JULIO VERNE TROPHY
THOMAS COVILLE: “IT IS OBVIOUSLY THAT WE WILL BE BACK”
After just over 16 days at sea, Thomas Coville made the decision on Friday with his crew not to continue the Jules Verne Trophy attempt. After trying to repair the starboard rudder of the Sodebo Ultim 3 with François Duguet, the captain of the boat and the rest of the team, the skipper chose to act like a good sailor and not to “tempt the devil”. The trimaran is currently on its way to Reunion, where it is expected to arrive by the end of next week.
It was a special day on Friday that the eight companions of Sodebo Ultm 3, in the middle of the Indian Ocean, and the team members at the base in Lorient, thousands of kilometers away, will have lived. It all started with the first returns of two helmsmen on board, François Morvan and Matthieu Vandame.
“After a reflection by François and Matthieu about their rooms that had been difficult at the helm with a strong downwind wind, we realized during a routine check that we had a problem with steering, rudder, rudder”, Thomas Coville explains.
After a first diagnosis, the skipper decides to slow down in an attempt to repair the rudder on the starboard float. On the Lorient side, the ground team is mobilizing, as Jean-Christophe Moussard, the team manager, tells us: “We have a special document that allows us to manage these anxiety-provoking moments, during which there are many things to do. . do at the same time. In particular, the technical managers of the affected parties must join the routing unit for fast and efficient coordination with the ship. For our part, we came to the conclusion that after the repair, the ship would no longer be 100%. But, the last word is for the skipper and his crew. ”
On board, Thomas Coville, after six hours spent with François Duguet in the discomfort of the starboard float of the Sodebo Ultim 3, realizes: “The problem was more serious than initially thought, so« It was no longer possible piloting the boat with the same ambitions and, above all, the same security. »The skipper, after having exchanged with the land, gathers his crew to announce his decision to give up continuing with this attempt:
“It is very difficult to tell you, but it is also my job to bring you back and take the boat to its owner. We are not” out “, we did a great thing until Kerguelen, we were ahead, I do not think we should tempt the devil with a boat that it’s not 100%. ”
For Jean-Christophe Moussard, “Thomas made the right decision, he is a man of experience, he knows that the Pacific is a“ no man’s land ”, where no one comes looking for you. To make these kinds of decisions after six hours on the float, you have to be tough. ”
The crew inevitably blames it, red eyes, a mixture of exhaustion and a legitimate disappointment after 16 days of intense sailing. Asked on Saturday morning by Martin Keruzoré, Thomas Coville sums up: “Taking this decision almost halfway through was more than a disappointment. When you are in a spiral, and you have something in your gut, and the whole group is in the same atmosphere, stopping that is stopping something too good. Not only was I planning to beat Jules Verne, I also wanted to continue living this moment, this experience, this journey, which were how I had imagined them with this group that we formed. I didn’t want it to stop. ”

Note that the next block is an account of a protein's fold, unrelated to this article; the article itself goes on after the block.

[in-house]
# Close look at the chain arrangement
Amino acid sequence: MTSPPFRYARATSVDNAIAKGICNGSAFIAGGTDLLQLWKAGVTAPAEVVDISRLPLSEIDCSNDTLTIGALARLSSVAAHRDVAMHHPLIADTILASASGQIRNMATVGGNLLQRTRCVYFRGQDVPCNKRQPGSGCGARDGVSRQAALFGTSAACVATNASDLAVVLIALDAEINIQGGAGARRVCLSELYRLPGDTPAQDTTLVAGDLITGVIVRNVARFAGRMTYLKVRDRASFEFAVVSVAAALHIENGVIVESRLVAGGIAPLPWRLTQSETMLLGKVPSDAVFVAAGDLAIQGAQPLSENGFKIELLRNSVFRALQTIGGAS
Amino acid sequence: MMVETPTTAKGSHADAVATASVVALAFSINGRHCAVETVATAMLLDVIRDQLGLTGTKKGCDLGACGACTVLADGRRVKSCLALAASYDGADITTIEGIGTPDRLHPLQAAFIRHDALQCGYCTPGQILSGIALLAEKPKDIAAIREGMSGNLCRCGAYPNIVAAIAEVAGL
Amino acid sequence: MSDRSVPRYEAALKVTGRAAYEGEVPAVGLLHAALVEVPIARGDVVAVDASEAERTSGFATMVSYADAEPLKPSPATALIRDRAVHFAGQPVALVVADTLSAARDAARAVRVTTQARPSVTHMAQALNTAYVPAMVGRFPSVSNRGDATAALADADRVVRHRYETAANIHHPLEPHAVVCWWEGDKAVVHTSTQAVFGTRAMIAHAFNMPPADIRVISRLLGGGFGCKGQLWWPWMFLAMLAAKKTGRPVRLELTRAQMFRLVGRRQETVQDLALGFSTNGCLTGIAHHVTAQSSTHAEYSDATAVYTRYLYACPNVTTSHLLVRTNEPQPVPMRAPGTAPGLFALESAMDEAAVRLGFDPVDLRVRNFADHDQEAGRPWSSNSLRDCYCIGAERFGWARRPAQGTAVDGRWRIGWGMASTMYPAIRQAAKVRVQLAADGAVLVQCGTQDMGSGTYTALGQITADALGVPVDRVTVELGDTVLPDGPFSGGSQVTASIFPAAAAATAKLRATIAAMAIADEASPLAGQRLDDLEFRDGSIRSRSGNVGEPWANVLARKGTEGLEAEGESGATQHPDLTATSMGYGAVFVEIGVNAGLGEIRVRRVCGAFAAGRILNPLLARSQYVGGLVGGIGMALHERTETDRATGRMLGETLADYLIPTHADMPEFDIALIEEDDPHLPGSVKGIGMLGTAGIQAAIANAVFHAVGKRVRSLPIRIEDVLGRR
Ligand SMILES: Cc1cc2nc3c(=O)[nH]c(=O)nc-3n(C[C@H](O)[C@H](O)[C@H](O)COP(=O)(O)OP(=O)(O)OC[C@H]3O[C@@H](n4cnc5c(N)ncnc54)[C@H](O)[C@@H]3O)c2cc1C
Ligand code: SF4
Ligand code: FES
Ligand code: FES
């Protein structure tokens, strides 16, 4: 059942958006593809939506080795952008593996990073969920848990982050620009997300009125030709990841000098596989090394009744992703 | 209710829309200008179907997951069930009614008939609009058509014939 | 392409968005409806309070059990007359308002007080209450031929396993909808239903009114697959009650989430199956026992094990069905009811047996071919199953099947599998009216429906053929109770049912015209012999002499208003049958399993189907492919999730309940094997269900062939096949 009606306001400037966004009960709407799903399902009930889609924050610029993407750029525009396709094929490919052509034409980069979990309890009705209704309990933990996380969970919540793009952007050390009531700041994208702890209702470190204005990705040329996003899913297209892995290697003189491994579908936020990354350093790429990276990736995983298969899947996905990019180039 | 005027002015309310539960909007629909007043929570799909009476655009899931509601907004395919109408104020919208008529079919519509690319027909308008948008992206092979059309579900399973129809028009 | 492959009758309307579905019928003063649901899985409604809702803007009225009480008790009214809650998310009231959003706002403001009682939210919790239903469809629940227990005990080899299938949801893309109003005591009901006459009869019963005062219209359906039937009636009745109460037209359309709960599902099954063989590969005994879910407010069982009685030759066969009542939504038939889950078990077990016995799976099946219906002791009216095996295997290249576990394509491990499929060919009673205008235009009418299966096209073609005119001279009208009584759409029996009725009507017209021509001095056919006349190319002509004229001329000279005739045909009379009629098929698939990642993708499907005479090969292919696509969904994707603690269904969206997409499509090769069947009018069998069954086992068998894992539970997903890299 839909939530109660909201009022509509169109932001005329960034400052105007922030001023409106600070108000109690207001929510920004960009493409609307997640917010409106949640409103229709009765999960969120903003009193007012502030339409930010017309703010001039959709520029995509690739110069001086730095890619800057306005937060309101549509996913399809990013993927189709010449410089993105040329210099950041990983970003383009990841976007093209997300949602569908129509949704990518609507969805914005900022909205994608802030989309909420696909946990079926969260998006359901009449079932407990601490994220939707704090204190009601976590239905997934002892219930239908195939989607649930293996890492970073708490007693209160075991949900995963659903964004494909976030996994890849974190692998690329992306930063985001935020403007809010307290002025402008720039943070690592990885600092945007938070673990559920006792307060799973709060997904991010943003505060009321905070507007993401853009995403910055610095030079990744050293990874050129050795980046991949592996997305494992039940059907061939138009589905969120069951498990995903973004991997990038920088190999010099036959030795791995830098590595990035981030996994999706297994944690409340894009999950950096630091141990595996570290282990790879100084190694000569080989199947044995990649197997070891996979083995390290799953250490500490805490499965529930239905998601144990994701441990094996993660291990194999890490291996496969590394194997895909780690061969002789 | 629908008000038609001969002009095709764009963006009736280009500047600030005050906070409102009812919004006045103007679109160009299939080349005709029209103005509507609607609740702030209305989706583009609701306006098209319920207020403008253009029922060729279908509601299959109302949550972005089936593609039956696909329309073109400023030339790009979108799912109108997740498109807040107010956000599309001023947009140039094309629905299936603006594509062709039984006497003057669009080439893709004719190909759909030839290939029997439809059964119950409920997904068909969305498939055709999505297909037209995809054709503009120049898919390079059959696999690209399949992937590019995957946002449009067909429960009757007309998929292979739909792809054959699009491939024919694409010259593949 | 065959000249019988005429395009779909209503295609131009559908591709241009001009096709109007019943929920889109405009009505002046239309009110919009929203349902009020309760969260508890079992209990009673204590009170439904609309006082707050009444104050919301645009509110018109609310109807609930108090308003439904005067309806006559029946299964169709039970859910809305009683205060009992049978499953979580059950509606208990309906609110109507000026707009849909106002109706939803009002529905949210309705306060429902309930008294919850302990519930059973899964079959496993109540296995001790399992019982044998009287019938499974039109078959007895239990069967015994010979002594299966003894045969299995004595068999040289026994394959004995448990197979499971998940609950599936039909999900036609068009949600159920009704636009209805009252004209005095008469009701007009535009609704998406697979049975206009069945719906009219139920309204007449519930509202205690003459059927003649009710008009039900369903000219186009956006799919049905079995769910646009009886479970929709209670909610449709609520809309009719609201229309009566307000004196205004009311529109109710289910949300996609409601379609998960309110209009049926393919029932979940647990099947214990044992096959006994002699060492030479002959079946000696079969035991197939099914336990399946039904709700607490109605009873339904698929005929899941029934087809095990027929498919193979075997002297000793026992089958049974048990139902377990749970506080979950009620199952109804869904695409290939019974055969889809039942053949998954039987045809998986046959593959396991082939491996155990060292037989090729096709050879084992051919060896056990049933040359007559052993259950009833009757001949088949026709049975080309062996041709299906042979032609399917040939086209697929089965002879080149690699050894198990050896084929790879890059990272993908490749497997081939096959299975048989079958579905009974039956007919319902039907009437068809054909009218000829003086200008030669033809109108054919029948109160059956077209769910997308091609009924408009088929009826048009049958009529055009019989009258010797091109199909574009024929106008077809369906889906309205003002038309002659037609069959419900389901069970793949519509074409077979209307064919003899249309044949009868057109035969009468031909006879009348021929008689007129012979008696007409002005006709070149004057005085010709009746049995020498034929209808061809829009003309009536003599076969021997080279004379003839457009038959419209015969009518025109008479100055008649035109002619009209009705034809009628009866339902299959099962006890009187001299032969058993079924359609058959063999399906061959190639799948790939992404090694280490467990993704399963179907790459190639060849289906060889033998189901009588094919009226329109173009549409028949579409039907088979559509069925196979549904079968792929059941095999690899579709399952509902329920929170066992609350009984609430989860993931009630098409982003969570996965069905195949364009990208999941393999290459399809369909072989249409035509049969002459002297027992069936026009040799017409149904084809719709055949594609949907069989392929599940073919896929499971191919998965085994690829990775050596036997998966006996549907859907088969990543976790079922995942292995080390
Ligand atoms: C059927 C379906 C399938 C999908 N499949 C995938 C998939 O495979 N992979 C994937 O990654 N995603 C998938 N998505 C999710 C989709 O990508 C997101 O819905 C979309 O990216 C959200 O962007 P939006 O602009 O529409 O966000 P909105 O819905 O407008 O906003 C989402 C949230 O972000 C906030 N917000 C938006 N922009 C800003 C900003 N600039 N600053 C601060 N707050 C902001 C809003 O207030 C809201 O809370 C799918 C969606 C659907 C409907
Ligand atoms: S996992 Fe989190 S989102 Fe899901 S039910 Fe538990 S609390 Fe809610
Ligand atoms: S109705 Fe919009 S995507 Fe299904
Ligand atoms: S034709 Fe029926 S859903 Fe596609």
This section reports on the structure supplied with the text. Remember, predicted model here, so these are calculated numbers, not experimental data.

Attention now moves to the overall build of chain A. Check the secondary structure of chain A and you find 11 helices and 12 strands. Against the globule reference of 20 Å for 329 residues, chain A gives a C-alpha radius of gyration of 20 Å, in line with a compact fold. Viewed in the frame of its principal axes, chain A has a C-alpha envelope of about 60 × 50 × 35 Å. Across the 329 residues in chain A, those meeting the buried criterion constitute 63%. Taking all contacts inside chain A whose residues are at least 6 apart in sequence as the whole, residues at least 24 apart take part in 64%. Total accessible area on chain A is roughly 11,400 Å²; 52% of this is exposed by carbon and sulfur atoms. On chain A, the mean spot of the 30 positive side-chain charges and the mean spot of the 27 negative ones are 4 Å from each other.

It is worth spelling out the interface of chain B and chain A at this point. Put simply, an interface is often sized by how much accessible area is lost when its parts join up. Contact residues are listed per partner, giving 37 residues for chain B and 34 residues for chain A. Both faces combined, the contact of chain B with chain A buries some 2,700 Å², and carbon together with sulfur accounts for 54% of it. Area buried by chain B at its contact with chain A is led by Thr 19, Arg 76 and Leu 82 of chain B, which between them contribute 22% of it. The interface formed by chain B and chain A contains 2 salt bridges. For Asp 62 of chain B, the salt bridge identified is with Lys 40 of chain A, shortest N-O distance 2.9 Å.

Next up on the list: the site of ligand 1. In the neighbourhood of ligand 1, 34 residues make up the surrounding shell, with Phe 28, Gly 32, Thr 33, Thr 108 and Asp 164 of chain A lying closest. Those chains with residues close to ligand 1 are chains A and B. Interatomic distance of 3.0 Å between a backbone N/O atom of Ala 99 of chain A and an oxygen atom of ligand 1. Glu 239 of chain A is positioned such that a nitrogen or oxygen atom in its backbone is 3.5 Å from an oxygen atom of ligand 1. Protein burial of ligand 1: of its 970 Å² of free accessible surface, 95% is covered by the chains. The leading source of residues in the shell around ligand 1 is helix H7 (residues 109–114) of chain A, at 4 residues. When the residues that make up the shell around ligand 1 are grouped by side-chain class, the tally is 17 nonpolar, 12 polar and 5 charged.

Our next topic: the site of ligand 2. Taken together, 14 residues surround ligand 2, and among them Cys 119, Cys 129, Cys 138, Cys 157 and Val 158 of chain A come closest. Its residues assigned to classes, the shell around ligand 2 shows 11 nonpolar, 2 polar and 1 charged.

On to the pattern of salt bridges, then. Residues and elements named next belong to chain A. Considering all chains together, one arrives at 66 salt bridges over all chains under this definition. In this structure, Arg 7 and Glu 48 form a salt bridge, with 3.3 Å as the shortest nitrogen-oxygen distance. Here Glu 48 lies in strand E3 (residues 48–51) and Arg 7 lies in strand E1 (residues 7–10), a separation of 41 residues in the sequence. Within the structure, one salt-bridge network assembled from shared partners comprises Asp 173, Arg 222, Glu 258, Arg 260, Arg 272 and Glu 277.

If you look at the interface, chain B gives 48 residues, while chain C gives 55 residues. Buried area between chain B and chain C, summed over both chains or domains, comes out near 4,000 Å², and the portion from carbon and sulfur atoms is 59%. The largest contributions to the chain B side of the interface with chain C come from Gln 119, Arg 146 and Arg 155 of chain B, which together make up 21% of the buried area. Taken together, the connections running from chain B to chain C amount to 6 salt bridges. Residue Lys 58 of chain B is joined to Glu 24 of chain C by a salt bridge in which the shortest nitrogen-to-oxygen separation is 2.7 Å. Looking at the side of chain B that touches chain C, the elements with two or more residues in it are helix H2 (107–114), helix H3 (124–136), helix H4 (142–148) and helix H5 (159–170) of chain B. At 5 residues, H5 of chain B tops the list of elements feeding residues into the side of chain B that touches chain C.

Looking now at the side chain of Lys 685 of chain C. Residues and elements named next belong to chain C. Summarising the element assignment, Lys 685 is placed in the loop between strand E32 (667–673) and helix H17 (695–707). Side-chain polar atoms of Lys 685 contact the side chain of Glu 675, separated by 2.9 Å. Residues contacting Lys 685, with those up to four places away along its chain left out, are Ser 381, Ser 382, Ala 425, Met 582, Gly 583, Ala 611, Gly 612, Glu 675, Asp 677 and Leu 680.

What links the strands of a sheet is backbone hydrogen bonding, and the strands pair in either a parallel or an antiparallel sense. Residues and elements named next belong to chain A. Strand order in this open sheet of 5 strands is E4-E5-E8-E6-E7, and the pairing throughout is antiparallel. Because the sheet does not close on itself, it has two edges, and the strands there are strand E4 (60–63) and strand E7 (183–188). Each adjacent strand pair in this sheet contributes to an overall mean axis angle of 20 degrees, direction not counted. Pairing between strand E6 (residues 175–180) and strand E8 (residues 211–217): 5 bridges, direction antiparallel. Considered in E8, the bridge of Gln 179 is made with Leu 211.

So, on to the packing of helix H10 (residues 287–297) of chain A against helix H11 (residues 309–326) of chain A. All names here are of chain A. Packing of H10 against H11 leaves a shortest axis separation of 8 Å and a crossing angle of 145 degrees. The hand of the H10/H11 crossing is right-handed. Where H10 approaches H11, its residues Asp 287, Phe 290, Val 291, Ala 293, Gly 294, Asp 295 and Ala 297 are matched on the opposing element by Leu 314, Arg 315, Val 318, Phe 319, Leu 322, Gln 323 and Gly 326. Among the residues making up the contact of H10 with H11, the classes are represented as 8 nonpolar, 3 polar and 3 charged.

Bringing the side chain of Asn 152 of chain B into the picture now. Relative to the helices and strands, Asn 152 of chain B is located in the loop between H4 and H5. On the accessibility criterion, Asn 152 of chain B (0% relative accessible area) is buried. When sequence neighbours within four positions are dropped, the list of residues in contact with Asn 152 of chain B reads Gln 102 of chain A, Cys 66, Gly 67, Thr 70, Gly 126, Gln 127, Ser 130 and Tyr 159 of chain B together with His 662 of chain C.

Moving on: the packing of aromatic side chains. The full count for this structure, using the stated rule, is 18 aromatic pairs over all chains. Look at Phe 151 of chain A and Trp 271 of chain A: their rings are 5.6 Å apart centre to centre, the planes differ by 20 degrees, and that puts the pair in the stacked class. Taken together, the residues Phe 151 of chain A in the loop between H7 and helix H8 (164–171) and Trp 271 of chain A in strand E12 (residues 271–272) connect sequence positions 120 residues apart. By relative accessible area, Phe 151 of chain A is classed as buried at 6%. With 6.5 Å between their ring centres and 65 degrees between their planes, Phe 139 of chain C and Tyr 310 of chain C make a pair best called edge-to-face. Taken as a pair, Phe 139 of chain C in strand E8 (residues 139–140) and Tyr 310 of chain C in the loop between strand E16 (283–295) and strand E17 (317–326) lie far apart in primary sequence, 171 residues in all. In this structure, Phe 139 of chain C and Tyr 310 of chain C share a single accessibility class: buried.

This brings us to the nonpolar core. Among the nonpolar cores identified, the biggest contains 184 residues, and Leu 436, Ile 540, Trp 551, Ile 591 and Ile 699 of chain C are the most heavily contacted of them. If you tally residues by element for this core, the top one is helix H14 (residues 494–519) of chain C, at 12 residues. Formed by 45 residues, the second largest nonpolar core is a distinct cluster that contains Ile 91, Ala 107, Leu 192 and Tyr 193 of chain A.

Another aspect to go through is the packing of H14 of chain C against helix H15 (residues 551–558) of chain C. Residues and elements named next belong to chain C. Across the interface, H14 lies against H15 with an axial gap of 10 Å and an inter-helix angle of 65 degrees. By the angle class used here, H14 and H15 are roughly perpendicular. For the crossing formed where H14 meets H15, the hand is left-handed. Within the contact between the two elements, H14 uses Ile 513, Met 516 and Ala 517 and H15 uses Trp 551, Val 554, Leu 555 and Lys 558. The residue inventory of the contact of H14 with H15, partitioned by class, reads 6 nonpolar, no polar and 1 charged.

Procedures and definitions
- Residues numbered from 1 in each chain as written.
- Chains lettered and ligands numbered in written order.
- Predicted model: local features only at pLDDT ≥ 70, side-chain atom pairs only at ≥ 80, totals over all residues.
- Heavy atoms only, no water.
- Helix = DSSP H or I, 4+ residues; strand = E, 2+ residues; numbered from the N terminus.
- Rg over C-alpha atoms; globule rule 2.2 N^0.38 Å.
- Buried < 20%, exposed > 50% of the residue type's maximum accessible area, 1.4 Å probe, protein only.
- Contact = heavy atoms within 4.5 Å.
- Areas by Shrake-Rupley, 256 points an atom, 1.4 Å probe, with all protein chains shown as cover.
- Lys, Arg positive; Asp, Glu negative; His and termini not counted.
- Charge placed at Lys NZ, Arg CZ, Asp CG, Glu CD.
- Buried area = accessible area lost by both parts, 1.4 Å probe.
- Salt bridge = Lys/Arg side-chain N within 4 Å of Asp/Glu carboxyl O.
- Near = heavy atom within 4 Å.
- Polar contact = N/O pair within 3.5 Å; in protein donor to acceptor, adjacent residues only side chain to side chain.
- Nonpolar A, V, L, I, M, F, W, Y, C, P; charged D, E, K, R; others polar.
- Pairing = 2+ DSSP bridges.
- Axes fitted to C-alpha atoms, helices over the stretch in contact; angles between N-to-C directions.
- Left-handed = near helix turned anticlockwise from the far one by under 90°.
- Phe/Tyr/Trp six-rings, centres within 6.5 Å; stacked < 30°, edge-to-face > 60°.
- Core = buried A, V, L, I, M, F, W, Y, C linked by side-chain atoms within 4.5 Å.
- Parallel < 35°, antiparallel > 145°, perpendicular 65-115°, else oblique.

If he talks about “a school of humility”, the Sodebo Ultim 3 skipper also knows all the good advances that have been made so far: “The price to pay is a bit high, I am very disappointed, but I am not down because obvious: we will be back. We have a group and a boat to do it, we have a partner who is also willing to return, so the future is in front of us. We will write other stories, but we will continue this one first, it got off to a good start, it’s not over yet! ”
Indeed, this journey is not over as the trimaran is now heading to Reunion, where it will be joined by a small technical team to replace faulty parts. “We chose Reunion over Australia for several reasons,” explains Jean-Christophe Moussard. First because the weather conditions were more favorable to get to Reunion, then because we were able to send a technical team more easily. For Australia, current health conditions required fifteen days of isolation. Reunion is a French department, so it is much easier to organize. To return to Lorient via the Cape of Good Hope, the weather systems are more favorable. In the first exchanges we have with the Réunionese, we already feel that they are very enthusiastic about helping us and receive each other, we are going to live beautiful moments of sharing. ”
The stopover at Port Réunion, in the northwest of the island, should last a few days, after which the crew will return to sea for about three weeks to Lorient, where it is expected to be in mid-January. Will a new start be possible for the Jules Verne Trophy this winter? “No, we will not leave, the boat will have done more than one round the world in terms of the number of miles, we have to review it, inspect it from all angles, but we will take advantage of the return to continue working on the knowledge and performance of this young boat launched in March 2019 ”, concludes the team manager.